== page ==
I Sometimes think the River is a Strong Brown God

I want it blue, screams the night sergeant, his orange beard jutting merrily as he brandishes the obsidian whip in one hand and the viridian-tipped brand in the other. I tense as the burning brand edges ever closer and finally plunges like a thirsty bird into the pale brown of my skin. Old Sarge smiles. I scream appropriately what time the moisture of my skin hisses blue in the atmosphere of the late night cabana.

What happens late at night stays late at night. Later, pacing the purple downtown streets and avoiding airsharks as we go, I peek at the new brand where it has grown cheekily violet and chocolate against my skin. Old Sarge takes me to Mr Egg and we sit and munch omelettes, yellow-golden-orange like the coming dawn. Traffic on the Bristol Road roars sullenly in the dark like a vast mole turning in its chiseled hole, small and blunt like a stripped bone exposed to the elements forever.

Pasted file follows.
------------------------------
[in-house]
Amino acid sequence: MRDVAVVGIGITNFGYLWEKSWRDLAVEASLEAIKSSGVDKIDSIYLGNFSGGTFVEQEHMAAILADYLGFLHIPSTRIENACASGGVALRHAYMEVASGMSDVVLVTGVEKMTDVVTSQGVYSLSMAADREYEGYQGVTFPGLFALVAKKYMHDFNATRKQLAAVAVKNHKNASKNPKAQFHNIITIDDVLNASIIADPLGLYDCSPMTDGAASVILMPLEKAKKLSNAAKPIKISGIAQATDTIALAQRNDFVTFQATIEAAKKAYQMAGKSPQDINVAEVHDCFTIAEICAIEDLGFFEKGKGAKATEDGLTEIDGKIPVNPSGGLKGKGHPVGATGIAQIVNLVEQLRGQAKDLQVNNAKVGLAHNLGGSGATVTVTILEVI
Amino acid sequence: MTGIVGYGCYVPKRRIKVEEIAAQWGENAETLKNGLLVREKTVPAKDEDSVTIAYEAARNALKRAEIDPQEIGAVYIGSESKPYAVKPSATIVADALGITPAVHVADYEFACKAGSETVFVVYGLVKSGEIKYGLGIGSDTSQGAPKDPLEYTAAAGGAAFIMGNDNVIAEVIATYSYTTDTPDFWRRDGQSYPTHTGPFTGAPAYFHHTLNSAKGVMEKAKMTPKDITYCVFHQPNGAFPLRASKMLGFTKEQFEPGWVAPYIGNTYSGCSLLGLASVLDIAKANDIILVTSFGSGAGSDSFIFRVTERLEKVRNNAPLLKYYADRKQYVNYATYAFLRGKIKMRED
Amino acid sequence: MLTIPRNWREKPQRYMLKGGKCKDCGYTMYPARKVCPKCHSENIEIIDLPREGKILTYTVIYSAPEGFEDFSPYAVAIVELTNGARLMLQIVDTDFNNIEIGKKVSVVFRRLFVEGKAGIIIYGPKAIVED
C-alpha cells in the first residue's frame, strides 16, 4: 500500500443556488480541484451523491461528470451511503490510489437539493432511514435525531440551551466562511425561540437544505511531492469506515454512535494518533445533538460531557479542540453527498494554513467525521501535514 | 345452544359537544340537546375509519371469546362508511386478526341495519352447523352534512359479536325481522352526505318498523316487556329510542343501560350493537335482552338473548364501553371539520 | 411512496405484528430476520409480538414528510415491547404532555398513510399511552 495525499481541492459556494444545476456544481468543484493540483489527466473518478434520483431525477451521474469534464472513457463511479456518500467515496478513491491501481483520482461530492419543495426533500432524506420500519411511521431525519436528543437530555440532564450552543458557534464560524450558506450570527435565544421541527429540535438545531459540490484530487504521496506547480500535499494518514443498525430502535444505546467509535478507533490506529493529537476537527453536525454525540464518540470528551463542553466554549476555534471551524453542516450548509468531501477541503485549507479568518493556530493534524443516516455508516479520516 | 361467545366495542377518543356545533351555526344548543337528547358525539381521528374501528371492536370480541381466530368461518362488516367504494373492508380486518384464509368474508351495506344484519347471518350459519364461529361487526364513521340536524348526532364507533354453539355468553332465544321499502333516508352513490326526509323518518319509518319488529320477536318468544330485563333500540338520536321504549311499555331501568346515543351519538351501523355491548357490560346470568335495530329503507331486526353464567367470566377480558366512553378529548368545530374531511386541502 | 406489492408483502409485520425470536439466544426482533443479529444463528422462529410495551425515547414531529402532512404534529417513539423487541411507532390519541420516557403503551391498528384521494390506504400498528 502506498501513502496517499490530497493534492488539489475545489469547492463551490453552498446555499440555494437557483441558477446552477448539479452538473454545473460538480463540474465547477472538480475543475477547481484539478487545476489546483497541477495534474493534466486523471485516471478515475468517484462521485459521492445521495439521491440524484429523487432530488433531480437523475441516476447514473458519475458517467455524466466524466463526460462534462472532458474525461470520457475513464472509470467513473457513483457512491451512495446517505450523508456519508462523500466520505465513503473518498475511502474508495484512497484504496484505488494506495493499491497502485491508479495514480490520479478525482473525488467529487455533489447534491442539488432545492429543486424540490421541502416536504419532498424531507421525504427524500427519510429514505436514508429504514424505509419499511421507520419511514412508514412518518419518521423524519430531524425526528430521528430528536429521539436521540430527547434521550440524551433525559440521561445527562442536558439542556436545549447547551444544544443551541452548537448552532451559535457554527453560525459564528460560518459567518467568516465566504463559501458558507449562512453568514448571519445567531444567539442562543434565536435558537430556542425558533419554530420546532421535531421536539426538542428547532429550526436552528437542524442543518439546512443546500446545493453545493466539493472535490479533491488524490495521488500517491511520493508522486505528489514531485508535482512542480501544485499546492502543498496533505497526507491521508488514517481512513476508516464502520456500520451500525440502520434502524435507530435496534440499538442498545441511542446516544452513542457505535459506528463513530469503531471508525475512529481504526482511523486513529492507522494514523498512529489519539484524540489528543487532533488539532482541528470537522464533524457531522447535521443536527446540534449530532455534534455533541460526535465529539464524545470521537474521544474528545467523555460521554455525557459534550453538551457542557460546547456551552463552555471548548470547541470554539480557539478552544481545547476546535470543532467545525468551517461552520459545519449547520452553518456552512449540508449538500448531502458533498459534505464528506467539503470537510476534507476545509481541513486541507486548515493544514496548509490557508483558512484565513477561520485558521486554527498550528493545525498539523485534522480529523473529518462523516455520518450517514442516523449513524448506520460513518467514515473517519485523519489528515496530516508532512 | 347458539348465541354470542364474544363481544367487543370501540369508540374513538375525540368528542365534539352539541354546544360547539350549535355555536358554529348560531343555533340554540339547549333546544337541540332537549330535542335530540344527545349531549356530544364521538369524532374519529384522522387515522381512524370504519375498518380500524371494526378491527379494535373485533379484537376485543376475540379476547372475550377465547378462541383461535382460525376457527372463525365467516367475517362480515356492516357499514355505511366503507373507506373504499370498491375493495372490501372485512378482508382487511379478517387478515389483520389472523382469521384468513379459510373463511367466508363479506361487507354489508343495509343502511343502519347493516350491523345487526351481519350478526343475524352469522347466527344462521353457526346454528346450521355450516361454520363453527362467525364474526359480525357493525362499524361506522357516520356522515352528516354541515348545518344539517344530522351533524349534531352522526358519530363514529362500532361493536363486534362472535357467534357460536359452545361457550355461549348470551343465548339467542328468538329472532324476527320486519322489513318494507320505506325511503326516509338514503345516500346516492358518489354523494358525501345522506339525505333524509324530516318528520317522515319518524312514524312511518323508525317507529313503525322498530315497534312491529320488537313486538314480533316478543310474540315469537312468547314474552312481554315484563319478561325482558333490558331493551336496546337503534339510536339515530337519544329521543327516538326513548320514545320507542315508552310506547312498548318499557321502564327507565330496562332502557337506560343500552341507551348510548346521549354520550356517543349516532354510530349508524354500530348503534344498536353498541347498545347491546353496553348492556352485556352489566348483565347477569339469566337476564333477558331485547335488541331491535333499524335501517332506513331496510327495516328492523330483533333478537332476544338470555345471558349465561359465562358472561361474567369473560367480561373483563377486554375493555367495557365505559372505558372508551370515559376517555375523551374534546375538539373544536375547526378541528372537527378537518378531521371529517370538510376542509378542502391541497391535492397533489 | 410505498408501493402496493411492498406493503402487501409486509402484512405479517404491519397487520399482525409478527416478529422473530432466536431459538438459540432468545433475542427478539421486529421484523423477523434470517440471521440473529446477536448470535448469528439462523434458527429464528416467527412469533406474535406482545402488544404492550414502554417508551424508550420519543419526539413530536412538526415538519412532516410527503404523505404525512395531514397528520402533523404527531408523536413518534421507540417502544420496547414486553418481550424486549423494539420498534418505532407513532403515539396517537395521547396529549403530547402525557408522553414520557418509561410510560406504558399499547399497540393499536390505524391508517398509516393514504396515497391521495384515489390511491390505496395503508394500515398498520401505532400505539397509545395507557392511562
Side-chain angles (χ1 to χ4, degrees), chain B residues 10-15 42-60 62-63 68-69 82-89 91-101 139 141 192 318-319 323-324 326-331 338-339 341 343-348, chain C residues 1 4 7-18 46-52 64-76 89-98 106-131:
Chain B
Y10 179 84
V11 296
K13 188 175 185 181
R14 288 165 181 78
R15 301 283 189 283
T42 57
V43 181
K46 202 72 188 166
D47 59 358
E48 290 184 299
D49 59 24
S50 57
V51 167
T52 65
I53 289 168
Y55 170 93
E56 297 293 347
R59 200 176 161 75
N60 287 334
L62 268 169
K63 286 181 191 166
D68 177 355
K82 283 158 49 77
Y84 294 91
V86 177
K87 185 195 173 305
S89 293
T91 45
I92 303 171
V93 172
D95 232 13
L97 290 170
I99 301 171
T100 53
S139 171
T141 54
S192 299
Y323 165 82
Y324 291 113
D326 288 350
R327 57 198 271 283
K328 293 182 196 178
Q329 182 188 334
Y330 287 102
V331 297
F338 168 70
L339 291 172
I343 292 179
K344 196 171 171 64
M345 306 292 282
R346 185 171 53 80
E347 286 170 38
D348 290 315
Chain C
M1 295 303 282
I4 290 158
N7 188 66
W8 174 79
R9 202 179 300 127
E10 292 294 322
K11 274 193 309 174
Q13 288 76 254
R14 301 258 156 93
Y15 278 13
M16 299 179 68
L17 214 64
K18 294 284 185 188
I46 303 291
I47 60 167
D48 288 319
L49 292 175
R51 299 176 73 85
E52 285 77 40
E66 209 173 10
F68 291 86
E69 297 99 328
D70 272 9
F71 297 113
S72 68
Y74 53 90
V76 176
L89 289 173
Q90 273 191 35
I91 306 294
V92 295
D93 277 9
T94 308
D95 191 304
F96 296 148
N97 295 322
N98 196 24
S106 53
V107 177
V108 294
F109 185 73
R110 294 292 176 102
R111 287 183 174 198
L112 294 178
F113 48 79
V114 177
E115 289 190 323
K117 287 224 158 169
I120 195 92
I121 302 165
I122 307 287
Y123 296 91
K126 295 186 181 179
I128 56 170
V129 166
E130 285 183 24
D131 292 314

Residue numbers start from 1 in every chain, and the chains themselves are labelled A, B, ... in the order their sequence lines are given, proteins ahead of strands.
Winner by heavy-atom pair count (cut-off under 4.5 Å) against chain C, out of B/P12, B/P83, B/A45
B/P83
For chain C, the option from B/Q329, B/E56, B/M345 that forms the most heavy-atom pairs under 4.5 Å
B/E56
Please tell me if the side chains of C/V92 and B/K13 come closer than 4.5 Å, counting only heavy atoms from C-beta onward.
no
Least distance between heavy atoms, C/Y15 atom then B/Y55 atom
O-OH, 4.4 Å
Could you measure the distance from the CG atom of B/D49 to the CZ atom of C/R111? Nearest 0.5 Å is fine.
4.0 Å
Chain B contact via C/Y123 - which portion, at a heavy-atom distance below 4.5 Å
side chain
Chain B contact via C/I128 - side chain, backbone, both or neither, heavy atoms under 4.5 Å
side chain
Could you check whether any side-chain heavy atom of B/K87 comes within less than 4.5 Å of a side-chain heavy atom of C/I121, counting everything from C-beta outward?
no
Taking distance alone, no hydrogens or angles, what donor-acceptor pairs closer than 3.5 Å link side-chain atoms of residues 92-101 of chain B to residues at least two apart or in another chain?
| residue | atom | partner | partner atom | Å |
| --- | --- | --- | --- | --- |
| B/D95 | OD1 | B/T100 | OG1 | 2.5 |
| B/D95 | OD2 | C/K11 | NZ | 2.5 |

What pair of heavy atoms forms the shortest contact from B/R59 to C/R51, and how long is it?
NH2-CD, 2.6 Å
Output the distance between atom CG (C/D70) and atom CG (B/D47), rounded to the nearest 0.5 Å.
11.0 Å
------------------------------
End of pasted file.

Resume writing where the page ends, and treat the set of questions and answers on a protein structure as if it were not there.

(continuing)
By the dull canal, where the post office red frontage of the Mailbox is chocolate brown this time of the wee small morning, we play ducks and drakes and watch the stones skip. The brand is throbbing. A duck quacks away protesting in a flurry of splashing teal wings. Over to the east, to the Bristol Road and imagined Hurst Street and Chinatown, the dawn is lightening the sky to a pale turquoise.

The End

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